Lately I’ve been questioning how well I know myself.
I know what’s on the surface. I know what I like and dislike. I know who I love, how to love, and how to be loved. I know what makes me feel good or bad and I know, for the most part, how to create the conditions for happiness to occur. I am willing to study my strengths so they’ll grow, and I’m willing to nurture the parts of myself that I feel might serve others, serve the planet and bring fulfillment. In general, I place a great deal of awareness on the aspects of myself that I consider my ‘light’ side.
But how well do I know my shadow side? Do I recognize its voice? Its tone? Do I recognize the way it feels in my body? When it is present, do I run away or do I face it? Do I blame other people and situations for its presence? Or do I own it, accept it and question its purpose?
Every person has a shadow side. It is the part of us that we generally choose not to explore. It’s where we hold the habitual tendencies that (sometimes unbeknownst to us) harm ourselves or those around us. It’s where we hold weakness, fear, doubt, guilt, shame, anger or jealousy. It’s the side of ourselves we don’t want to see, so often times we choose not to see it, fooling ourselves into believing that if we don’t look, it will go away. The problem is that our shadow tendencies creep into our lives, making their way into conversations and life situations, causing distress and turmoil until they sink back into the dark, only to return again at some other time.
The only way to dissolve the shadow is through awareness of it. Our shadow tendencies provide an amazing opportunity for growth and understanding if we have the courage to face it. If I choose only to study and observe the light and pleasant parts of myself, then I will be missing out on the opportunity to study the real reasons behind what causes difficulty in my life.
The critical element in seeing our shadow tendencies is to remain present. As we practice present moment awareness, we become skilled in the art of paying attention–watching our thoughts and emotions come and go; seeing what makes us feel good, but also seeing what makes us feel bad. The difficult part is that we generally don’t want to accept that we’re the reason we feel bad or sad or angry, etc. That’s when we try to escape the feeling, blame others, distract ourselves, remove our awareness and ignore the shadow.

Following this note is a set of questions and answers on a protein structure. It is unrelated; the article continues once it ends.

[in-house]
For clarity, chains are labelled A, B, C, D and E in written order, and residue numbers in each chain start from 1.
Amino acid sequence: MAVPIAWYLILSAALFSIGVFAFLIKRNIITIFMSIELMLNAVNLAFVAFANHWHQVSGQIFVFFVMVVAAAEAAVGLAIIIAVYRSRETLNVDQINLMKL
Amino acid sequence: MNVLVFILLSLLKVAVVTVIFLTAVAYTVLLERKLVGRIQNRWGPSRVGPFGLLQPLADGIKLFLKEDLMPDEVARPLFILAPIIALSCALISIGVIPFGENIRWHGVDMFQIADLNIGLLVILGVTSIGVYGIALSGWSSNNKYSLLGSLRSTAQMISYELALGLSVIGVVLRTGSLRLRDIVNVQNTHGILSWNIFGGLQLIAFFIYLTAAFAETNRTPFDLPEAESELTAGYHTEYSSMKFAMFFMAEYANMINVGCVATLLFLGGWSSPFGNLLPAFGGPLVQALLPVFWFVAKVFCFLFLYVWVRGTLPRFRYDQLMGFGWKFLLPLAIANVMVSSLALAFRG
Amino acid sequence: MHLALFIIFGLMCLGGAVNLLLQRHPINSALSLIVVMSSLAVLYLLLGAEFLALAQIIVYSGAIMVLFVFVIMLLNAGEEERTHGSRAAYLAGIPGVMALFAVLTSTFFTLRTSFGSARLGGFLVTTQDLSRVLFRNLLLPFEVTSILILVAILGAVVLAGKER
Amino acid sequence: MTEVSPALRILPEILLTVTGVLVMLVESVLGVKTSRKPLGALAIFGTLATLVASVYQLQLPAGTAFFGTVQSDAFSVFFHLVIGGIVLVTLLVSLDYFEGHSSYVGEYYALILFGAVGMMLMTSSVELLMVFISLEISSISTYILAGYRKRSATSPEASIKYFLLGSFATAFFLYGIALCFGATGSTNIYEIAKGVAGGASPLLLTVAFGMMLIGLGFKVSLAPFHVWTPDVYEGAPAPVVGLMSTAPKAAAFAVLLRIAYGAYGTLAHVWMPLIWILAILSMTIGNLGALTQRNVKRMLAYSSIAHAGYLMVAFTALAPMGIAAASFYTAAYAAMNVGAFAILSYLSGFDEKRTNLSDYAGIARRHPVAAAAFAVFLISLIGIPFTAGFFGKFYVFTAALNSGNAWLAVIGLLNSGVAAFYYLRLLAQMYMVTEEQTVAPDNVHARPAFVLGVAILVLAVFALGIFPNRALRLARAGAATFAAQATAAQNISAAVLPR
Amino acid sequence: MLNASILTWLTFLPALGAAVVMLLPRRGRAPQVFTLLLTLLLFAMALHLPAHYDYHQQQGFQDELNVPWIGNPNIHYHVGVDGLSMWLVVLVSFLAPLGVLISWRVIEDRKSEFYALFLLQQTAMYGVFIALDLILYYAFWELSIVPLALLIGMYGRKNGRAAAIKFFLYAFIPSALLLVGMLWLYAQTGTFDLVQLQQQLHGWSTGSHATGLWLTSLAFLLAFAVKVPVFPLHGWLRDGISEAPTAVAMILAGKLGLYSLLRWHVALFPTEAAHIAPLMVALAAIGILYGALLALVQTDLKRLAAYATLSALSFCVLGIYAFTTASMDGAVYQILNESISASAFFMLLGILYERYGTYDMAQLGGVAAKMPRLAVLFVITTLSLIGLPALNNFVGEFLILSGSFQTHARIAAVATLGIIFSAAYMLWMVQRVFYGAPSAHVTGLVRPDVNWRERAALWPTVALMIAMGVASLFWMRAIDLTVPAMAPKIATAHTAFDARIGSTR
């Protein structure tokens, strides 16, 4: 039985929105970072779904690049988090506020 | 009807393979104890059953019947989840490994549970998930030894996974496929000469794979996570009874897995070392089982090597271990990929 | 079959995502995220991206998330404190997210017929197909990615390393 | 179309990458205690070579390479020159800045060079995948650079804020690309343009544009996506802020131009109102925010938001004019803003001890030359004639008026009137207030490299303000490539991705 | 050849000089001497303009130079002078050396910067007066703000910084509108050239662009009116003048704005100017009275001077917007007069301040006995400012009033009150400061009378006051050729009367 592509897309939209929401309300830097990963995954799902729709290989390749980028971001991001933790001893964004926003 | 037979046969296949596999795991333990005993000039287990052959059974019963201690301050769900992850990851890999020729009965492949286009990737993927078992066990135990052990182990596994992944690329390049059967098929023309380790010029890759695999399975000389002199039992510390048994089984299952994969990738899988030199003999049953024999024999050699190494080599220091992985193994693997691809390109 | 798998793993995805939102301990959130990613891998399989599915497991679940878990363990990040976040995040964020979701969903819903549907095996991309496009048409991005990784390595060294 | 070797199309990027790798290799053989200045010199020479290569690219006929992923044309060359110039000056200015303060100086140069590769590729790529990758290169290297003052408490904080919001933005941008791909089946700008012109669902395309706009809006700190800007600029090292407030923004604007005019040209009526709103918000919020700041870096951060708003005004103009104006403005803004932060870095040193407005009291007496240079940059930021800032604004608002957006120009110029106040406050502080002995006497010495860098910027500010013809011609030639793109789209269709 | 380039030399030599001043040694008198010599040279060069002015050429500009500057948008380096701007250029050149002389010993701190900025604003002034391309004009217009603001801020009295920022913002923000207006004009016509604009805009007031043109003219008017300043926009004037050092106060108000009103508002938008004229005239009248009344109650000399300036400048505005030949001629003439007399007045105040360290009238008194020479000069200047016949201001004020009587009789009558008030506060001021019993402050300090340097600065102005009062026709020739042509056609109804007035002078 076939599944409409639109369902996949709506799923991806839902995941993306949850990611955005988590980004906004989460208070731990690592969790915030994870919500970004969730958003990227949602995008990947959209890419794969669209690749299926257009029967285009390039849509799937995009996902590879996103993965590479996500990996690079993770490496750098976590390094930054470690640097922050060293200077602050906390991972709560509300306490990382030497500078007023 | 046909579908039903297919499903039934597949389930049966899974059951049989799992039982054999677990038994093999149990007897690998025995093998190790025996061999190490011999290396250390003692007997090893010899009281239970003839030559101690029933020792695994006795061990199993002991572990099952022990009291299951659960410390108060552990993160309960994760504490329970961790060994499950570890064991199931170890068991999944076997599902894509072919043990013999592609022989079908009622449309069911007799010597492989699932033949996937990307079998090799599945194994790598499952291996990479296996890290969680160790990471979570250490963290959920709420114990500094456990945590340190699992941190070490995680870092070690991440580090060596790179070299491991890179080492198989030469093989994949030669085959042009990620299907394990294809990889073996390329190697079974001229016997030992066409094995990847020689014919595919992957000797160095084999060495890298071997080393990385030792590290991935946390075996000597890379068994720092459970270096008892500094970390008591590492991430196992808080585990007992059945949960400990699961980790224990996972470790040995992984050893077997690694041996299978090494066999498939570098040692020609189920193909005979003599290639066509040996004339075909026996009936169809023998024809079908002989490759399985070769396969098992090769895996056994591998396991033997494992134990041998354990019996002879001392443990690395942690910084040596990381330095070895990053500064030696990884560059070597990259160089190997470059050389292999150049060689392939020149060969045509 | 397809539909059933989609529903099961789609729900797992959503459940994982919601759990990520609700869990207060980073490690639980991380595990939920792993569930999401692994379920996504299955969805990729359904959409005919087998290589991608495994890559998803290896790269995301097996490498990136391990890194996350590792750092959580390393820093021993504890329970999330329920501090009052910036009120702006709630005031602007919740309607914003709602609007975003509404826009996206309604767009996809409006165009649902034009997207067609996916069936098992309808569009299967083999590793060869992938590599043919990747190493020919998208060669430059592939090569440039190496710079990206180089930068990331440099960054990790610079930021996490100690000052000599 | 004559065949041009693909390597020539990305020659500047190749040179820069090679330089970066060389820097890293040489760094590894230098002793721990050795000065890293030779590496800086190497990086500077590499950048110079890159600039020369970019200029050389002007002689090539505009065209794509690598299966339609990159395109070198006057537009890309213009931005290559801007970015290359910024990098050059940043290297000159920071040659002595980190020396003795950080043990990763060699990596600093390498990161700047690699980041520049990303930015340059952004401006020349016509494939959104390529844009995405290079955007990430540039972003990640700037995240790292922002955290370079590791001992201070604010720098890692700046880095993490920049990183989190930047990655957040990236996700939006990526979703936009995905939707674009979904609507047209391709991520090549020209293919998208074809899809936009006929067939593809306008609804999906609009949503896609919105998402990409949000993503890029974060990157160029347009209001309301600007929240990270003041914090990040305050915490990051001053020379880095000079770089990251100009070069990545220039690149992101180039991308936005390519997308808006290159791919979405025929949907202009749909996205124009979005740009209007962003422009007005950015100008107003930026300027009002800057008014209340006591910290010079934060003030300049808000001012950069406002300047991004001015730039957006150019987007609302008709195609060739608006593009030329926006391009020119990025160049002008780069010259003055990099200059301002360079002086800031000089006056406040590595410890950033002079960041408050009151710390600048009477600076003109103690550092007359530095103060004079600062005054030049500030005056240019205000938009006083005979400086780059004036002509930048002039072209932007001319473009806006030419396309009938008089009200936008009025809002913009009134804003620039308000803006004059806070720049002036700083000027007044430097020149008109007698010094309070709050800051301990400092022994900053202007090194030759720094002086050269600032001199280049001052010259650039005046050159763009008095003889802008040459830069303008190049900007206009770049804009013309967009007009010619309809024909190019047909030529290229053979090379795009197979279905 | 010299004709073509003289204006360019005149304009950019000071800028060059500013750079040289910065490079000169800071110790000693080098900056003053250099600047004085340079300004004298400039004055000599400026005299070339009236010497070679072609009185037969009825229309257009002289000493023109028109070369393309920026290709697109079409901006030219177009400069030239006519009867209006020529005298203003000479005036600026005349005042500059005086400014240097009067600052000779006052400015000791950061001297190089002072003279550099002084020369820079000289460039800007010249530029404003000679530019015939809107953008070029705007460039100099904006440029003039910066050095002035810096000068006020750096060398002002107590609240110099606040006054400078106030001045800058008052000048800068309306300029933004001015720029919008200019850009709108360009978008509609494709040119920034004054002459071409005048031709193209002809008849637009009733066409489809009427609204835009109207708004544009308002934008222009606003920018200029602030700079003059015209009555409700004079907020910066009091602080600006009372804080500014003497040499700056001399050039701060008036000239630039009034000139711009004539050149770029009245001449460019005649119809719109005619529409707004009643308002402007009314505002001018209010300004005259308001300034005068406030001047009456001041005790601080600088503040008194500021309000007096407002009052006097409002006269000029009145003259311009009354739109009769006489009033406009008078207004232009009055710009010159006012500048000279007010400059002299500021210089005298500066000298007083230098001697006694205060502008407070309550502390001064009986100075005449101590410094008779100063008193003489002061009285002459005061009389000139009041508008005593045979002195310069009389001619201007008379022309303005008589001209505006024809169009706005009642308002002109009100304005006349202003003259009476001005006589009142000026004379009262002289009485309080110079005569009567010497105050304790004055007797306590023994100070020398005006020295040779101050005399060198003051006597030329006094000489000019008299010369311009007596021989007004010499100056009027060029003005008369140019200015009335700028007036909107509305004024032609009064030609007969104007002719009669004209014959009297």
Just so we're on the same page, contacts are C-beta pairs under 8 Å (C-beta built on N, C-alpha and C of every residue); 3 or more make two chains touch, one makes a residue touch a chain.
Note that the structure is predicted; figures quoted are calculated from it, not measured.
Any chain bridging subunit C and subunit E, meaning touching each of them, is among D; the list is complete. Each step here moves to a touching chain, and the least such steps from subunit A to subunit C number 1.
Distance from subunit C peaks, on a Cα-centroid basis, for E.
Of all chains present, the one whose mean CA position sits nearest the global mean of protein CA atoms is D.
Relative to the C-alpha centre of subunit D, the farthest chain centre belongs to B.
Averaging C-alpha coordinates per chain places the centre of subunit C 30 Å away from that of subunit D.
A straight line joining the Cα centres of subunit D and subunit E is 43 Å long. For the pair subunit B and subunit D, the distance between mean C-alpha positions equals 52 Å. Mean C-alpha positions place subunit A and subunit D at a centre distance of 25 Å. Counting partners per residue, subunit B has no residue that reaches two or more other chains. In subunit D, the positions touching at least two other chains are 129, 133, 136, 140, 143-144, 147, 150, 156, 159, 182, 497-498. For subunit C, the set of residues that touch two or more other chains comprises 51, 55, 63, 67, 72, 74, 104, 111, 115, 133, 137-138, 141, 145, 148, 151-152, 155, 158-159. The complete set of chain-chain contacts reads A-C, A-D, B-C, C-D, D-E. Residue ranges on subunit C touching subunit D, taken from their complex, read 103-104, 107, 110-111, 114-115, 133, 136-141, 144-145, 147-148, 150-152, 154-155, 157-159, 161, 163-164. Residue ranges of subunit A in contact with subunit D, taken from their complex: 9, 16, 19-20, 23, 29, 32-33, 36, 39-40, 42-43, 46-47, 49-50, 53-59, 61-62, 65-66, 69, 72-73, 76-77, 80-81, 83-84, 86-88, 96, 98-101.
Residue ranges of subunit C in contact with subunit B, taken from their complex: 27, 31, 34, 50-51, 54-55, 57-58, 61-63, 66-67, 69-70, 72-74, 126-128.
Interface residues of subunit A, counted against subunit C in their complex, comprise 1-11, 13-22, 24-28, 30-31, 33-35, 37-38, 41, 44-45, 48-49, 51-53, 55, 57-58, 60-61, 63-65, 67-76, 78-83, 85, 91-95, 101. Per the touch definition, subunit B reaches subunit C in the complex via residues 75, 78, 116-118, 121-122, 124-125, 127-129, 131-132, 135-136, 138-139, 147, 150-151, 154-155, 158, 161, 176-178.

The dissolution of the shadow happens when we can remain still as it arises. Drop the story that comes with it, and hold acute observation of the feeling itself. Whenever an uncomfortable feeling or situation arises, breathe into the sensation that is manifesting in the physical body. It may feel like hardness around the heart, a lump in the throat, or discomfort in the stomach. Continue to drop whatever thoughts come up and focus on the sensation itself until the feeling dissolves. The shadow may come up several times before it is completely gone, but through this practice, we are given the opportunity to work toward awareness and ultimately, freedom.
Once held in the light of awareness, a shadow is transformed. Jealousy becomes inspiration, anger becomes activism, doubt becomes courage, guilt becomes forgiveness, shame becomes compassion, and fear becomes love.
If I want to know myself better, then part of that process means choosing to observe and accept all the parts of myself–not just the parts that I like, but also the parts that I don’t like. The next time my shadow emerges from the dark, I’ll see it, accept it, question it, change my behavior, and allow it to dissolve into the light of my awareness.
What is your shadow trying to tell you?
Next time you see it, ask.
This post originally appeared on my first blog, www.emilyparkinsonperry.com on February 26th, 2013